The job market, writing a dissertation, and funding dissertation research can be challenging and produce frustrating moments at times. But to most of us, this is hardly any news. As SHCY’s graduate student representative, I’m committed to developing professional workshops, creating more funding opportunities, promoting more awards for graduate students, and expanding pedagogical resources on SCHY’s website, among other important developments necessary to succeed as a budding scholar.
During this year’s executive meeting, I have raised and pushed for a number of important changes that I hope will further professional development, increase the visibility of grad students’ intellectual contributions, and cultivate institutional and funding support for dissertation research and conference participation.
To advance grad students’ professional profile, I have supported the establishment of an annual “Best Dissertation Prize.” Apart from the much needed intellectual recognition, I hope that such an award will highlight the importance of the study of childhood and youth more generally in academia.
For SHCY 2015, along with the program committee, discussions on pedagogical and professional workshops have already begun. After talking to fellow graduate students and faculty mentors, I see a need for the following workshops (in no particular order):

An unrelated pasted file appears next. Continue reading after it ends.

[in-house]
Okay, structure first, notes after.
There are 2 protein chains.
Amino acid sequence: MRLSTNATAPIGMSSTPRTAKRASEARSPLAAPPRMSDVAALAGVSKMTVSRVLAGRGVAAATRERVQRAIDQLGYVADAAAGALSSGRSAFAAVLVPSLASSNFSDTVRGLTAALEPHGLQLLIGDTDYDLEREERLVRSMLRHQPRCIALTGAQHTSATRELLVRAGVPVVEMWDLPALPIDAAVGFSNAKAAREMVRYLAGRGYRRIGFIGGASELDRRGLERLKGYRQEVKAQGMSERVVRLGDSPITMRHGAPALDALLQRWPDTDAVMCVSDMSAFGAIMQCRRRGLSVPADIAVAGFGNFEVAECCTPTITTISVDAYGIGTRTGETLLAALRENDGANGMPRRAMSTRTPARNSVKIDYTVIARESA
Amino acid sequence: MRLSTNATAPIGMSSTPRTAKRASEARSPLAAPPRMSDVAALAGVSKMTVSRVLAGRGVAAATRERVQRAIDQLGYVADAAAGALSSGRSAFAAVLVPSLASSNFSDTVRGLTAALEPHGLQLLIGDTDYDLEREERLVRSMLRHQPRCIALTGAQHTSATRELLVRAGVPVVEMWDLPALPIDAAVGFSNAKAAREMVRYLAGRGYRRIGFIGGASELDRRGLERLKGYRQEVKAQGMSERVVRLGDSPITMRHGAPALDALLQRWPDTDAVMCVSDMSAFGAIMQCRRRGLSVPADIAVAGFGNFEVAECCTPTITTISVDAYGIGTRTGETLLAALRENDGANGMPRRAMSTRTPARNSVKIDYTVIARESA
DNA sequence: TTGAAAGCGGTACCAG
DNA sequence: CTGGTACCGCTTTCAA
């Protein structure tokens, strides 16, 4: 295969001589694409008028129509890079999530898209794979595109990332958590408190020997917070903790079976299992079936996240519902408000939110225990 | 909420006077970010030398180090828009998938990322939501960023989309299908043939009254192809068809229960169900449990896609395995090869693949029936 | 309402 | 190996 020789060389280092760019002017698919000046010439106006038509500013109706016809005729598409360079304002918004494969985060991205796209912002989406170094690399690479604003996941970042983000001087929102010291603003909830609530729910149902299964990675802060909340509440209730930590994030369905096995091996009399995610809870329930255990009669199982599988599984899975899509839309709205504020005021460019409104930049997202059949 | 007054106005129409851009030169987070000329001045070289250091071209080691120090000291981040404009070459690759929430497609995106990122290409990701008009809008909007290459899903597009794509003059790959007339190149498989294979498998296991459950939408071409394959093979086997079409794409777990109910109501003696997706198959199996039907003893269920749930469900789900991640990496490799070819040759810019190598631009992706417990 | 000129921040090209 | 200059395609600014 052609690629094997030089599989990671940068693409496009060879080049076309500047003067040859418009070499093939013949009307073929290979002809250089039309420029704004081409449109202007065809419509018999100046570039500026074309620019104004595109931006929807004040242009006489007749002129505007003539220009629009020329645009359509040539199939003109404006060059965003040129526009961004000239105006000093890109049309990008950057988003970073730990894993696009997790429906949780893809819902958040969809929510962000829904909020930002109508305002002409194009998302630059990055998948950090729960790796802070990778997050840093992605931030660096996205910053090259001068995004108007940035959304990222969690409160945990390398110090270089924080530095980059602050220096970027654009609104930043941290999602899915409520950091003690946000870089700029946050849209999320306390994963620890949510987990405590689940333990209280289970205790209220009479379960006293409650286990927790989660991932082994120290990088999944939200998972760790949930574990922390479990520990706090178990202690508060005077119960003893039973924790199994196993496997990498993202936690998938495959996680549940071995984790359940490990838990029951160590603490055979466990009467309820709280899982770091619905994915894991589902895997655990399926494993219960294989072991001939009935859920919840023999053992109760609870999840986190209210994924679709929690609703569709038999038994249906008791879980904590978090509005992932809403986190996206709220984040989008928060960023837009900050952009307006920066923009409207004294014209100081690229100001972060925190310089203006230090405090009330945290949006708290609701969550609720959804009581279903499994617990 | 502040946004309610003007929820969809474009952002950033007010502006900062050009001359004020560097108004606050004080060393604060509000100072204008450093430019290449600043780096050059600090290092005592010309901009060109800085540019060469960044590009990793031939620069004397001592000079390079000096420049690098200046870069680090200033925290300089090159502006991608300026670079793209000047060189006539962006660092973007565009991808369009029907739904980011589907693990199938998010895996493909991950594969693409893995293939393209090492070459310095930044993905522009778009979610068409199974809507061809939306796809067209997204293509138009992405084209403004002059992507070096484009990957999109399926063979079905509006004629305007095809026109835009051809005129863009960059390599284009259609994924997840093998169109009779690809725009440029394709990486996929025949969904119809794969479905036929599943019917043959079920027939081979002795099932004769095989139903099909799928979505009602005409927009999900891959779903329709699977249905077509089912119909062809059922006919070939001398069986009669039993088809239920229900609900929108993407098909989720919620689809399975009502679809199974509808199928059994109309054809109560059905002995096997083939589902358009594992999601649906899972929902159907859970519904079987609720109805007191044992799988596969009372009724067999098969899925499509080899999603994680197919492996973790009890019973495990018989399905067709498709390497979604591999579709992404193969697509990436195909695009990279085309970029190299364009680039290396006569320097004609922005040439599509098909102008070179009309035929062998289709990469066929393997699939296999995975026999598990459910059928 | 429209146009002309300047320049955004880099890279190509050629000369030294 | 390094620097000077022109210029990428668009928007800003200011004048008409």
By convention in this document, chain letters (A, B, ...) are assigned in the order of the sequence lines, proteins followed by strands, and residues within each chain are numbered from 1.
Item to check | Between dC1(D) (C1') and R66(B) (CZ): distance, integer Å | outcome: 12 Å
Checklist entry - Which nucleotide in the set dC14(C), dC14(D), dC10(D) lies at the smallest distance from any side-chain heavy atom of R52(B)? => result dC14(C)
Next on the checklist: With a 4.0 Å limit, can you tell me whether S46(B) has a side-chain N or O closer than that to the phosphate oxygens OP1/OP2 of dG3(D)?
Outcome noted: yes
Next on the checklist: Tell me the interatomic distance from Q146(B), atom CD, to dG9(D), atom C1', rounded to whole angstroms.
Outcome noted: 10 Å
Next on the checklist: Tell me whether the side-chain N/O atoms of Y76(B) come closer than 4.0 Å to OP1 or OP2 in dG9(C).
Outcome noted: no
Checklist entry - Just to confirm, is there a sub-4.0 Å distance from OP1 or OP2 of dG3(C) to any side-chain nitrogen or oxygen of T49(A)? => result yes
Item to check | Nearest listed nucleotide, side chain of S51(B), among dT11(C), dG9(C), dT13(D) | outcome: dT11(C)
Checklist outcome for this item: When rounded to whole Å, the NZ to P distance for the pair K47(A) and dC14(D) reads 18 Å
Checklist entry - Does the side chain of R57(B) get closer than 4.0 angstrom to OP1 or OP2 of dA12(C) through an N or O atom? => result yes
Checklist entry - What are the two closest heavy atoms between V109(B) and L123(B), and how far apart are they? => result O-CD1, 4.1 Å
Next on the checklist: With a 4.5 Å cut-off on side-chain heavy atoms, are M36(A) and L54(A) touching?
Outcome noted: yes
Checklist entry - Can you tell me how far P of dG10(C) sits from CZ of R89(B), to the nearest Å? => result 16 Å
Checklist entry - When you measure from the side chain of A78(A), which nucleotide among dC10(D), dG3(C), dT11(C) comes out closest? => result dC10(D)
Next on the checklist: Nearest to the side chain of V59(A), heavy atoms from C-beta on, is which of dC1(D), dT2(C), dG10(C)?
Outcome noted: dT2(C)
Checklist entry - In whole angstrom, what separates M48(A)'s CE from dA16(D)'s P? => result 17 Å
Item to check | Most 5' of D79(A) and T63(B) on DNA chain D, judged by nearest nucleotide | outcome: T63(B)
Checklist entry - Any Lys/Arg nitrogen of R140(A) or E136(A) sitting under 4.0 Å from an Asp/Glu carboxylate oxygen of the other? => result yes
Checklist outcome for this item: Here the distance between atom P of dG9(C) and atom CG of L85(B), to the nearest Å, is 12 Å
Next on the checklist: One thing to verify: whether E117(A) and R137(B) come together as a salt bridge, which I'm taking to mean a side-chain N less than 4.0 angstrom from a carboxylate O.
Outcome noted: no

1) From the Dissertation to the Book Manuscript
2) How to Succeed on the Job Market
3) Getting Started: Practical Tips on Grant Writing, Managing Research, and Writing a Dissertation
4) The Dynamic Classroom: Developing Syllabi on Fresh Topics
5) The History of Childhood & Youth in the Age of the Digital Humanities, etc.
I also believe that a week-long Summer School for graduate students and faculty during the “off years” of SHCY’s Biennial Meeting would offer an ideal space to network, to share and workshop ideas, and discuss publications-in-progress. The planning has begun. Look for more news on this topic in the coming months.
Attendance at the biennial meeting of SCHY remains a financial challenge, especially for graduate students. Technology offers opportunities to participate even in absentia as doctoral candidate Julie Stein’s presentation demonstrated so effectively. Julie had taped her presentation prior to the conference which allowed her to share her work this past week. Through Twitter, a fruitful discussion continued. However, the meeting has always been more than simply showcasing our most recent work. It’s always been a platform to get to know one another, to discuss and collaborate on current and future projects, to share tips on innovative technological and pedagogical resources, and much more. Graduate students’ fresh research and invigorating participation remains vital to the conference’s success. The Executive Board shares this view and is invested in providing more financial assistance to graduate students in the future.
As your representative, I encourage your feedback and suggestions. Please feel free to contact me at firstname.lastname@example.org. I look forward to hearing from you.